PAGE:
Also, the 5.56 is supposed to have a different primer than the 2.23, the 5.56 primer is less sensitive since the AR's firing pin is "loose" and will tap the primer when the bolt slams forward. (2.23 could cause a double fire in a 5.56 rifle)

There is also a difference in throat length (space between end of bullet and start of rifling), but it is minimal. They now make 2.23 wylde barrels which split the difference in throat and are rated at the pressure of the 5.56 to make a rifle truly "ideal" for both rounds.
.223 .223 .223 .223 .223 .223 .223 .223 .223 .223 .223 .223

It's 5.56 millimeters and 0.223 inches.

Firing a 5.56x45 out of a .223 Remington chamber will never make it detonate out of battery.

The primers are exactly the same. The difference is in military surplus ammunition, which only comes in 5.56 NATO. But just because it's 5.56 doesn't mean it's military surplus.
 

02BlueGT

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.223 .223 .223 .223 .223 .223 .223 .223 .223 .223 .223 .223

It's 5.56 millimeters and 0.223 inches.

Firing a 5.56x45 out of a .223 Remington chamber will never make it detonate out of battery.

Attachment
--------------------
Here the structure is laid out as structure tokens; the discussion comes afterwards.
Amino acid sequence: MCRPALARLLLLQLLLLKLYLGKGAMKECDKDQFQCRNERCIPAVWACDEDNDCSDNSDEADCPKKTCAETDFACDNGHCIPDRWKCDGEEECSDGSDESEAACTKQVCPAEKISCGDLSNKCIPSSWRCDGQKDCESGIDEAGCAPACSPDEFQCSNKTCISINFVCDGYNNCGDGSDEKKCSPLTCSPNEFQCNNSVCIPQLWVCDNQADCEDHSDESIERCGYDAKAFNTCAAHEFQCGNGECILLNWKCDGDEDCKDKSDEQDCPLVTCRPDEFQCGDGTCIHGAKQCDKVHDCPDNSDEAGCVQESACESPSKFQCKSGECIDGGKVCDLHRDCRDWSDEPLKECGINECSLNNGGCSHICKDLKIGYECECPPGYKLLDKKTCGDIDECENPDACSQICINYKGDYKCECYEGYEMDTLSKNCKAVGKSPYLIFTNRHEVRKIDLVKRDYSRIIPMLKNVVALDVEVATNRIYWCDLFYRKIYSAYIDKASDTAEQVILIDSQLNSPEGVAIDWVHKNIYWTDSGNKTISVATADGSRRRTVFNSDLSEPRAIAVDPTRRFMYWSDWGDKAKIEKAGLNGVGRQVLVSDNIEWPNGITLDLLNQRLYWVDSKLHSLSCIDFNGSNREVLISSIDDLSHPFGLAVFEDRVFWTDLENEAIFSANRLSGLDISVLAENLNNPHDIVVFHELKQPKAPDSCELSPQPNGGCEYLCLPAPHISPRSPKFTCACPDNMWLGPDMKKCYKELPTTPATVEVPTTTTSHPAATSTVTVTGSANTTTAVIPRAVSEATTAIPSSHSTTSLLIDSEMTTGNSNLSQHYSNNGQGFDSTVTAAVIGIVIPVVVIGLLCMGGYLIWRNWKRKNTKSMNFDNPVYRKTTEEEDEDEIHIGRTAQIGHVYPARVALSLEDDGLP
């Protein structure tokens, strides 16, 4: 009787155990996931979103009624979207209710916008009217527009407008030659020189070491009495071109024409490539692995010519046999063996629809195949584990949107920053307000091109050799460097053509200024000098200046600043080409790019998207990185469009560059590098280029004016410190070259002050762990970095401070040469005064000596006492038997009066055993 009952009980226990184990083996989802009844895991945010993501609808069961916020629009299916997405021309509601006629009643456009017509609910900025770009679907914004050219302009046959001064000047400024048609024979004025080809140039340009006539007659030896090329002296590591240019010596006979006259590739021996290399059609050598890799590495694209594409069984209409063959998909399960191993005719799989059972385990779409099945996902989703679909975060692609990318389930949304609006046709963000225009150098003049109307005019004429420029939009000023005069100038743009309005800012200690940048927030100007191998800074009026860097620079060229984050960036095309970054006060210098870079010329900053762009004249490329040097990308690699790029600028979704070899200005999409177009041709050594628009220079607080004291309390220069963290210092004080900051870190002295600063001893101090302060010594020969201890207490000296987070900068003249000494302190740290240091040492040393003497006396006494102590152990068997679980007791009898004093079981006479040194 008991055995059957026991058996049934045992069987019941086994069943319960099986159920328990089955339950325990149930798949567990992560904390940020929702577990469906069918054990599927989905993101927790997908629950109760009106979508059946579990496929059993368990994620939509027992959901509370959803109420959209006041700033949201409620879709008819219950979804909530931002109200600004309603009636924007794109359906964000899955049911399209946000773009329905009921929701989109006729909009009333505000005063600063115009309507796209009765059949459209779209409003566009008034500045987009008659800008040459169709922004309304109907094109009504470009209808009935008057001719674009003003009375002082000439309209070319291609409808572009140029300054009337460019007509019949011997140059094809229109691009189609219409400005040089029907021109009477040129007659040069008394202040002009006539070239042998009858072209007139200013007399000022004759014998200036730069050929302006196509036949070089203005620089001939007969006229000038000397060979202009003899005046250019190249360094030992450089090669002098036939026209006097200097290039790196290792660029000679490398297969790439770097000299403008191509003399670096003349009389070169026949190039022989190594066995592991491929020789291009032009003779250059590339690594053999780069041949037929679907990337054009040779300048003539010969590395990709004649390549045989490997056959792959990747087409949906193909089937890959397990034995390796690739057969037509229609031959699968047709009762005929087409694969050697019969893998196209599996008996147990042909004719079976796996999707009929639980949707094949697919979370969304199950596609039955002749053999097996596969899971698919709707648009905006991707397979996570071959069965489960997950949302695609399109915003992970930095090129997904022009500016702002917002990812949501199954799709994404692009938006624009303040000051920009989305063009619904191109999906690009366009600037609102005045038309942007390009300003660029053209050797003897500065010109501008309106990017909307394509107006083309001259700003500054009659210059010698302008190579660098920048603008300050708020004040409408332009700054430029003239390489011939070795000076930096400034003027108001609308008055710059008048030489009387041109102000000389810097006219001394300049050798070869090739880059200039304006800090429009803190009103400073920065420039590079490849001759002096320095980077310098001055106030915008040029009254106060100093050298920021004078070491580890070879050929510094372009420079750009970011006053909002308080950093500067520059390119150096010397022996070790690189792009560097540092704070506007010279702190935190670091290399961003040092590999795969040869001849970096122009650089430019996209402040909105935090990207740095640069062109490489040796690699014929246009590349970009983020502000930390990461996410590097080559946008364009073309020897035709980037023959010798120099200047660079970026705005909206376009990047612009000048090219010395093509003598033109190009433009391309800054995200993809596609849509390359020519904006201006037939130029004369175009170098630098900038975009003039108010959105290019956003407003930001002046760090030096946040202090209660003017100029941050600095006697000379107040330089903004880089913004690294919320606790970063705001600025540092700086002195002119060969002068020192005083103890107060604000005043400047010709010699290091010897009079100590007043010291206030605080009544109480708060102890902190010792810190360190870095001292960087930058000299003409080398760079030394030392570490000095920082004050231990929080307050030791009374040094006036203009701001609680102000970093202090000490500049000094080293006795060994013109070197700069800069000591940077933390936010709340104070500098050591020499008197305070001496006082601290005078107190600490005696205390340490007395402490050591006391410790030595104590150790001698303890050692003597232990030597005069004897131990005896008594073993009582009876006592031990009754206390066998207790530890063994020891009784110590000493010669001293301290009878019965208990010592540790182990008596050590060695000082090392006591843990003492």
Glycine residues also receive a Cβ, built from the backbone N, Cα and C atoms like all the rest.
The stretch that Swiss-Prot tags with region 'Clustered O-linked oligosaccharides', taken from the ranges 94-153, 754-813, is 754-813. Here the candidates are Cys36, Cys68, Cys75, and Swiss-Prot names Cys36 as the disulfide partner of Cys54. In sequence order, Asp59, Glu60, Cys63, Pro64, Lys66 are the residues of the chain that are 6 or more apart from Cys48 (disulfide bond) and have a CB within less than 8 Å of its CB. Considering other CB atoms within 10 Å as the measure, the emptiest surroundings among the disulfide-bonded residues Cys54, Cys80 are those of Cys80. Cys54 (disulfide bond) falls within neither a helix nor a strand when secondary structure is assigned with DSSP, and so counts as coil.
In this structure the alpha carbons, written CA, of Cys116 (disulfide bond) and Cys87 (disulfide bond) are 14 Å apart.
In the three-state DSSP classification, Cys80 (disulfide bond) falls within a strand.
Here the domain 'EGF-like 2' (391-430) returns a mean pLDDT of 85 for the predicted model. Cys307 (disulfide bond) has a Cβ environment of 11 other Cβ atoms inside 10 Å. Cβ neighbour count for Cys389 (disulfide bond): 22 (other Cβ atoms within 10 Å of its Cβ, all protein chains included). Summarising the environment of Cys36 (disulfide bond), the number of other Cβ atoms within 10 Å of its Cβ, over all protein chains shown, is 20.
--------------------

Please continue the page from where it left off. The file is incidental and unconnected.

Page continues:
The primers are exactly the same. The difference is in military surplus ammunition, which only comes in 5.56 NATO. But just because it's 5.56 doesn't mean it's military surplus.
You're right , I wasn't thinking when typing .223.
 

1MEANGT

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I always get AR barrels chambered for 5.56. Safe to shoot both .223 and 5.56 out of. Not the other way around.
 

cobravenom39

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A .223 Remington should not shoot a 5.56, a .223 Wylde can shoot a 5.56 perfectly fine.
That's a good point. Wylde will shoot both, and it's becoming a popular chambering

There's really no external difference between 556 and 223. 556 has much higher pressure, though. 556 is supposed to have a thicker web, but volume tests have shown that most Federal Ammo uses a 556 case, anyhow. ALL 556 has a crimped primer, but alot of 223 does, too. Remington and Winchester are the only ones I know that don't.